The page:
Arena Rap: The Up in Smoke Tour @ 20

Dre, Snoop, Eminem and Ice Cube reinvent the hip-hop concert experience.

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Eminem performs in June 2000. Credit: Kevin Winter/Getty Images.

In recent weeks, it’s been hard not to think of N.W.A. As protesters around the globe invoked the phrase “Fuck the Police,” a voice in many of our heads — Ice Cube’s voice, to be precise — would add, “…comin’ straight from the underground.” N.W.A’s “Fuck tha Police” — or “____ tha Police,” as it was listed on their 1988 debut, Straight Outta Compton — was never technically a hit, but it nonetheless stands as a pop-music bombshell on the order of “Anarchy in the U.K.,” earning the group a rebuke from the FBI and an arrest in Detroit, and hampering their tour plans after police across the country refused to provide security at their concerts.

Things had changed significantly by the time Cube and his fellow N.W.A alums Dr. Dre and MC Ren hit the road with the Up in Smoke Tour, 20 years ago this month. By that point, gangsta was less an assault on systemic injustice and civility than an excuse for spectacle, an arena-sized celebration of raunchy rhymes, ganja smoke and bass-heavy beats. Most of that last component came courtesy of Dre, who, though hardly the strongest rapper on the bill, held the headliner spot by virtue of having produced chart-topping hits and collaborations for his tour mates, among them special guests Nate Dogg, Kurupt and Xzibit.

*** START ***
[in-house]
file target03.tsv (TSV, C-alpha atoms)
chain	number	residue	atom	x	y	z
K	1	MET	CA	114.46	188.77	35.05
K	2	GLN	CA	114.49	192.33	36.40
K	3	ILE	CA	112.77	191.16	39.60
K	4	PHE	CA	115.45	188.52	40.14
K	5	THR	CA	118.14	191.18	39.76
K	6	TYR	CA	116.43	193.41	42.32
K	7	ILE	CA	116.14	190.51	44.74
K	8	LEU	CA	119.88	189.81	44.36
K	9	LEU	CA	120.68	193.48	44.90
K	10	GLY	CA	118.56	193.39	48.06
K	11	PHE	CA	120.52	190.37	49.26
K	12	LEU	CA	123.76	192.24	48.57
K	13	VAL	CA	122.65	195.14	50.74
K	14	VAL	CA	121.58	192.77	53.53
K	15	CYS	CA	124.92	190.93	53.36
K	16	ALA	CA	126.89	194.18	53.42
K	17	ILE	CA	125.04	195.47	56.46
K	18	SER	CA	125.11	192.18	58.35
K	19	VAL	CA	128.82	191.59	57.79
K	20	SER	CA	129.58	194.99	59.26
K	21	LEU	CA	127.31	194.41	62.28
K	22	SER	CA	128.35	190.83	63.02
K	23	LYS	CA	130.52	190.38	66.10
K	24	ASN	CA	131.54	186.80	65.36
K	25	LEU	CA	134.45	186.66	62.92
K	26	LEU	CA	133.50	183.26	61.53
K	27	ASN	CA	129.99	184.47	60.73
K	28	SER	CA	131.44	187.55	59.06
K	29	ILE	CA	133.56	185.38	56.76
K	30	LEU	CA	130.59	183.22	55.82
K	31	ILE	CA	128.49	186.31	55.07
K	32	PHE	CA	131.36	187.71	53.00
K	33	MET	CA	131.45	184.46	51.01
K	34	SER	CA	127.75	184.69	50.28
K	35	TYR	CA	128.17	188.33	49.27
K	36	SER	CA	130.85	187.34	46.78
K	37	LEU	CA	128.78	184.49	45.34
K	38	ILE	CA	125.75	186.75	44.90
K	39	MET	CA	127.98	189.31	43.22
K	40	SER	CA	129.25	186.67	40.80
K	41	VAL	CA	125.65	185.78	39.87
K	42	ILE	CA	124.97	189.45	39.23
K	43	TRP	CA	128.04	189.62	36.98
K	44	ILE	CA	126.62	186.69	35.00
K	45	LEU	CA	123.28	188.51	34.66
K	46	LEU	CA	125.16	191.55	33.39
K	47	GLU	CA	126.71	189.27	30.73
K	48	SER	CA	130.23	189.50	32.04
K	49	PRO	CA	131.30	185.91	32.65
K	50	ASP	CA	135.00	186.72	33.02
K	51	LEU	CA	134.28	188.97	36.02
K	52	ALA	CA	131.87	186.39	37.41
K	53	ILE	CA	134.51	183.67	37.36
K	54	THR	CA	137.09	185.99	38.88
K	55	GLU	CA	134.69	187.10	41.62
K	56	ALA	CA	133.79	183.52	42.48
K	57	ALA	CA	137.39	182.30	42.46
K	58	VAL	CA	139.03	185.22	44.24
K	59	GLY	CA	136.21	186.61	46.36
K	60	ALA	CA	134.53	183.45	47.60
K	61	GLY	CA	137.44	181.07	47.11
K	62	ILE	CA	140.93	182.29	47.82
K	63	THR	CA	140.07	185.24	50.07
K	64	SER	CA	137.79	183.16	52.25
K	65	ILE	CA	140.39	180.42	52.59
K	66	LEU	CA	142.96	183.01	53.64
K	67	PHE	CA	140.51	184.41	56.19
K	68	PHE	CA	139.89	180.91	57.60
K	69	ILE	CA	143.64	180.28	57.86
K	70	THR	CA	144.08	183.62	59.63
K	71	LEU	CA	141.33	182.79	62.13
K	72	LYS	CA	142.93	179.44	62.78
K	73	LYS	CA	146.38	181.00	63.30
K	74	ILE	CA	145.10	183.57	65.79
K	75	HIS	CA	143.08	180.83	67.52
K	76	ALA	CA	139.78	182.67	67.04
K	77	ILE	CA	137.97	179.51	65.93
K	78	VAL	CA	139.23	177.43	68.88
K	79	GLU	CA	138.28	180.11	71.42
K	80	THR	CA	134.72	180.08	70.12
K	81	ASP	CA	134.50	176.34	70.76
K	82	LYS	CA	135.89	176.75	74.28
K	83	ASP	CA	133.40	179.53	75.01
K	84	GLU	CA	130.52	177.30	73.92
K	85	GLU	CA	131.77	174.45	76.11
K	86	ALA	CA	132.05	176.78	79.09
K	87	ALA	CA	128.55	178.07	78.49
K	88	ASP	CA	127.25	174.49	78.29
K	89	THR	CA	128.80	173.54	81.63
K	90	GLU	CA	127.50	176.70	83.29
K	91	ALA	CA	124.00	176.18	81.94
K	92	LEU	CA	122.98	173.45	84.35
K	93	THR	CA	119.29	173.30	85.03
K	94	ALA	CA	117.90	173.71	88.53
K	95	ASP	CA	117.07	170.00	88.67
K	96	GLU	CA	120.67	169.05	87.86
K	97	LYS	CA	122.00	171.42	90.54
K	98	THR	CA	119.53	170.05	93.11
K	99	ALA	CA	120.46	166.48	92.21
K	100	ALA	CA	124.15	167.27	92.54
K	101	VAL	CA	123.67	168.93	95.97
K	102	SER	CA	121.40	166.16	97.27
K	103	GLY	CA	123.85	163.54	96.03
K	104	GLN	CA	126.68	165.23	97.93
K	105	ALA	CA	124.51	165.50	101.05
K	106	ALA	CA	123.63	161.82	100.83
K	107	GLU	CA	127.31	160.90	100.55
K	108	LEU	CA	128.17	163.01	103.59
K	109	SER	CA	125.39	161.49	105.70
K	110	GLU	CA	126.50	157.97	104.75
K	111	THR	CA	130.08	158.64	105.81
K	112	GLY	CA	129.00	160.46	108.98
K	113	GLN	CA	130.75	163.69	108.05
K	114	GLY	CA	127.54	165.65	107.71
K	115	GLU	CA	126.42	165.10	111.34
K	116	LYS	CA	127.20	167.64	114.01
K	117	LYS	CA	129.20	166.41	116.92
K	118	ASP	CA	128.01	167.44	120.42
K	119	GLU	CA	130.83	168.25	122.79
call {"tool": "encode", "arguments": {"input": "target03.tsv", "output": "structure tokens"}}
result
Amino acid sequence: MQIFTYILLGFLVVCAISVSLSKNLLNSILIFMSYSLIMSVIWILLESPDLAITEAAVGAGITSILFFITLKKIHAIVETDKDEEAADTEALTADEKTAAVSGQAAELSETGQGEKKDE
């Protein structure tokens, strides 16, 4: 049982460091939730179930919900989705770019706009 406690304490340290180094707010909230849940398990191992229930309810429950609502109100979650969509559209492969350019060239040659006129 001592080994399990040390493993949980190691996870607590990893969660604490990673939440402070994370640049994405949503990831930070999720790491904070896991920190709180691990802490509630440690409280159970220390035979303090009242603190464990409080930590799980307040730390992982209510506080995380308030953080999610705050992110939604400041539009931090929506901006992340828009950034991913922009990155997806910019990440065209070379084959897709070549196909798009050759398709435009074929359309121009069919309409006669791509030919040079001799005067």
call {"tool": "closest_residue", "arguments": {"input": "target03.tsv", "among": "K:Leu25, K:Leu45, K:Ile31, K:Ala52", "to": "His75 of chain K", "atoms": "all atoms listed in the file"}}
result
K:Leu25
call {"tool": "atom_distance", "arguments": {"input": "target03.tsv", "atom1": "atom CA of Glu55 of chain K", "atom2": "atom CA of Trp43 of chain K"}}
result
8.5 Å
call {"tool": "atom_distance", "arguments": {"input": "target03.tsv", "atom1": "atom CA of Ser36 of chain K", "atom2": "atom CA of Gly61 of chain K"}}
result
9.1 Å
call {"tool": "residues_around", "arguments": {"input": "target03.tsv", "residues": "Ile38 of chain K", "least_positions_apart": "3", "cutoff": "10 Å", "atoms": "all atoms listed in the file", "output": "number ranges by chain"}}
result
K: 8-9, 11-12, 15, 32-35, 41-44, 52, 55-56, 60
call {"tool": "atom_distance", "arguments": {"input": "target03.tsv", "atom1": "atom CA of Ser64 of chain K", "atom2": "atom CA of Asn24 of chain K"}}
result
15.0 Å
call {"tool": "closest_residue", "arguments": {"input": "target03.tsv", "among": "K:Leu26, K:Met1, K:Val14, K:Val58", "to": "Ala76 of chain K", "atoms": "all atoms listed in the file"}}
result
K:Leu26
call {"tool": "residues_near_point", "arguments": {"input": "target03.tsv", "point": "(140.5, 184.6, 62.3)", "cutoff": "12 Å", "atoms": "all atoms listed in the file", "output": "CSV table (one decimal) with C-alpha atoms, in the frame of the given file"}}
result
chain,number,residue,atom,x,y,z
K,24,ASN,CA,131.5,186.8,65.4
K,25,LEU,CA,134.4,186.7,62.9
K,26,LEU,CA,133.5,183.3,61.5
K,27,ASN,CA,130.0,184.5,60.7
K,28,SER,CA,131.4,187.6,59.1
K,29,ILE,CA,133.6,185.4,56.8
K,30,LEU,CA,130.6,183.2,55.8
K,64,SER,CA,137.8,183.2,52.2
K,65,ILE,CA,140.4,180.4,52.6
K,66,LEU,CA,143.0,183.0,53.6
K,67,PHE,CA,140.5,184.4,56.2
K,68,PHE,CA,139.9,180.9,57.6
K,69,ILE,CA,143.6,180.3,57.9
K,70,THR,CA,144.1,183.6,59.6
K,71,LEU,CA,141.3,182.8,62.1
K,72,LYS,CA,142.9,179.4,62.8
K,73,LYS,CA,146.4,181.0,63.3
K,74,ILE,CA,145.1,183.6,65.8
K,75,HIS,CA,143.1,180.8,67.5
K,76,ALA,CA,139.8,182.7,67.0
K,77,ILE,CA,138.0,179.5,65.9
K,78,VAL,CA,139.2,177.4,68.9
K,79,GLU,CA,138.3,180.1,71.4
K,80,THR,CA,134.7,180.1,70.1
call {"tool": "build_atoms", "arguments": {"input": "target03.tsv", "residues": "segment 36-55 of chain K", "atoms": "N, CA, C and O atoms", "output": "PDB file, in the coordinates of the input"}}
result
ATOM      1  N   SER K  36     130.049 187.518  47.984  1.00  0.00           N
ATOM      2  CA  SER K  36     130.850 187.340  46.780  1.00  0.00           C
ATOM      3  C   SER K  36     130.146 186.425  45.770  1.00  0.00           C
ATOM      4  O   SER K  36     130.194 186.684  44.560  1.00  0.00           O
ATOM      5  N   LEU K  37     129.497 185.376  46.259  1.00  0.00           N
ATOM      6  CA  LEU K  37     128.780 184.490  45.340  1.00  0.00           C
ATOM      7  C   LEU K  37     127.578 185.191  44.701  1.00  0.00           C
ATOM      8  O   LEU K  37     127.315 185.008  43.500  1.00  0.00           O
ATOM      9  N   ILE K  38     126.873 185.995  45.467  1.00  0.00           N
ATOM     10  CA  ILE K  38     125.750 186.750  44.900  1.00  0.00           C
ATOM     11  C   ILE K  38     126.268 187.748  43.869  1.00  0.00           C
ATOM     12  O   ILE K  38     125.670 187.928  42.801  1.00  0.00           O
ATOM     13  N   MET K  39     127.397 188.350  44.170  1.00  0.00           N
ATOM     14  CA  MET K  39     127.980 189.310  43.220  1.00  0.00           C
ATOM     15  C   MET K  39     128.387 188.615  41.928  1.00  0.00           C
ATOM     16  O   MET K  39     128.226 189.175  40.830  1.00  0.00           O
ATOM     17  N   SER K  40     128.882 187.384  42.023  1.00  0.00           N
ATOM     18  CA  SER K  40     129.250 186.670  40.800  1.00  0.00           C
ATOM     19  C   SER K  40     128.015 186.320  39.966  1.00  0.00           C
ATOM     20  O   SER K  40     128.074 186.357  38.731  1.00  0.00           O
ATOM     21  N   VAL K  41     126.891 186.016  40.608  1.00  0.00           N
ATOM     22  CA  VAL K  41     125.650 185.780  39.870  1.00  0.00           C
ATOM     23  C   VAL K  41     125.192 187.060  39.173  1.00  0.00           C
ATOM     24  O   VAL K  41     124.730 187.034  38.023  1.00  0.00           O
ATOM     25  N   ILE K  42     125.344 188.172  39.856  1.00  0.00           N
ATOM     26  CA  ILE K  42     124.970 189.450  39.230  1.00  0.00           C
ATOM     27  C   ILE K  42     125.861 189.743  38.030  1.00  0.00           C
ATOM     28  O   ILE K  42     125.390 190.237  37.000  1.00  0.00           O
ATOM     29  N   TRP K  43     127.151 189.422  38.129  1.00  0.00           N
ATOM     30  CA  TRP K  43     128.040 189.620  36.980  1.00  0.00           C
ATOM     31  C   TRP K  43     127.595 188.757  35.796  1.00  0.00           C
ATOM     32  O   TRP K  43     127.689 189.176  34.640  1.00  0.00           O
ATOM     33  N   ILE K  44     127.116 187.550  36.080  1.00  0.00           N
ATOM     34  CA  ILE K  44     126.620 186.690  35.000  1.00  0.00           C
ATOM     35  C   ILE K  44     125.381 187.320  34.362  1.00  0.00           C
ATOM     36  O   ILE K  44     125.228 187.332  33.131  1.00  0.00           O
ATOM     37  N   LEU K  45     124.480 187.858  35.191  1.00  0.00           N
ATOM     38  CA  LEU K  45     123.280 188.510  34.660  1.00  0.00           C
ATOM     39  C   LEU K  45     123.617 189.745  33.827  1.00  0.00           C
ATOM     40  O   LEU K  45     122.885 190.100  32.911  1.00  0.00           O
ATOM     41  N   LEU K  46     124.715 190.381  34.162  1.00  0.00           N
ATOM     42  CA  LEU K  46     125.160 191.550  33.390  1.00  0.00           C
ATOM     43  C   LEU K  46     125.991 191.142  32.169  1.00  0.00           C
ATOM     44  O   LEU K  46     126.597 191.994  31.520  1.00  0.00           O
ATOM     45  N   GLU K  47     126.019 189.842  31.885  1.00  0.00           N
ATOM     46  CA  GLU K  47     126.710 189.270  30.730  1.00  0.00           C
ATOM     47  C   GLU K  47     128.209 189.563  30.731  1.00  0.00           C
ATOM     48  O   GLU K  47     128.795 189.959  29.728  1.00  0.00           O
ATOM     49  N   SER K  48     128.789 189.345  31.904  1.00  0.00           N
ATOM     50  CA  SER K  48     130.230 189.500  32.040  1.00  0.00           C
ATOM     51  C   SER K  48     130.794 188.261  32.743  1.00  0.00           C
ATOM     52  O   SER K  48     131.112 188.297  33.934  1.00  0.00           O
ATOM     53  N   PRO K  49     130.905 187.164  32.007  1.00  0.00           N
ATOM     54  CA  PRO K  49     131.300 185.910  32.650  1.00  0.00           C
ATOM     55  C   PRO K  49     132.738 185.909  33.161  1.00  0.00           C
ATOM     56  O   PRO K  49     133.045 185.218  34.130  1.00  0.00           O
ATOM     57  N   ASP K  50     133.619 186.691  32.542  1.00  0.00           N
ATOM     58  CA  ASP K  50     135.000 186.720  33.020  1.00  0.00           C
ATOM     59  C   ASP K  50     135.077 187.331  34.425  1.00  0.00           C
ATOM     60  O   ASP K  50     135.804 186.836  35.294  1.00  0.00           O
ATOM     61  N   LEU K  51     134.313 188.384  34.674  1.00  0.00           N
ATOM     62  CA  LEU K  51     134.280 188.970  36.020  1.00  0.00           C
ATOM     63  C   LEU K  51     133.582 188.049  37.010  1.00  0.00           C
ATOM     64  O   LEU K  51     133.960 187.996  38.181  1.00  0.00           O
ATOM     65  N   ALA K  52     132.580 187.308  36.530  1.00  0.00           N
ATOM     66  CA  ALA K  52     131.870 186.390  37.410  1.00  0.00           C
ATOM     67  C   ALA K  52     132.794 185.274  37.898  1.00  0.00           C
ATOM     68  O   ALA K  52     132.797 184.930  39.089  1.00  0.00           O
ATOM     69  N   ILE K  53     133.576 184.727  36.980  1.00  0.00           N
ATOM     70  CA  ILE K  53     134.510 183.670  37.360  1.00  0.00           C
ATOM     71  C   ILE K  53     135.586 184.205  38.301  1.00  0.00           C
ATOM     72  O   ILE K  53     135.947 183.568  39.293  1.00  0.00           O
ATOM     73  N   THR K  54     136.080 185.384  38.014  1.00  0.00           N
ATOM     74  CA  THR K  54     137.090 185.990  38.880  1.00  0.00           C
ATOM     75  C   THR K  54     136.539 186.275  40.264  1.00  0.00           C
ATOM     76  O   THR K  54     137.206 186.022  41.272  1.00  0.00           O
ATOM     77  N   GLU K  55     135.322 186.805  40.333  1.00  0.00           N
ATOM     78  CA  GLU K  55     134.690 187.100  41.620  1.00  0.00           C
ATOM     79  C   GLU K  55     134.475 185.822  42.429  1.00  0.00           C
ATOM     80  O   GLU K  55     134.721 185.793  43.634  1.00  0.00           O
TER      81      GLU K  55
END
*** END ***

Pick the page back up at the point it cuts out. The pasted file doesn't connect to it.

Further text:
Most notably, there were 1992’s The Chronic and its massively successful bookend, 2001, released in the fall of 1999 and riding high when the tour kicked off the following summer. The Chronic not only marked Dre’s split with N.W.A (and, in particular, Ruthless Records boss Eazy-E) but introduced the world to rapper Snoop Doggy Dogg, in every way a new model G. Where “Straight Outta Compton” opened with Ice Cube, angry and combative, brandishing a sawed-off and promising that bodies would be hauled off, The Chronic’s first single, “Nuthin’ but a ‘G’ Thang,” slipped Snoop Dogg’s laidback flow atop a woozy, bass-heavy groove. This wasn’t fighting music; despite the gangsta-rough lyrics, Snoop and Dre’s G-funk was better suited for smoking weed than smoking rivals. Indeed, the music video for “Nuthin’ but a ‘G’ Thang” depicted their lives as an all-day party, an endless stream of barbecues and low-riders, chillin’ in the California sun.

Gangsta’s locus had quietly shifted away from Compton and Long Beach and closer to Hollywood.

Onstage that goodtime vibe was central to Up in Smoke, despite the odd arrest in its wake. I reviewed the tour in Baltimore, a little more than halfway through its run, and it weren’t nuthin’ but a party. Ice Cube entered like a James Bond villain, lowered to the stage in a cryonic capsule to the strains of Carl Orff’s Carmina Burana. Later, Dre and Snoop prefaced their set with a mini-movie that saw the two cavorting in a hotel suite full of topless “ho’s” before ending up in a shootout with a stickup crew in a liquor store. Notwithstanding some controversy in Michigan, the clip was more Dolemite than straight-up gangsta. But because it ended with Dre and Snoop walking out onto the stage from the screen, the crowd went wild.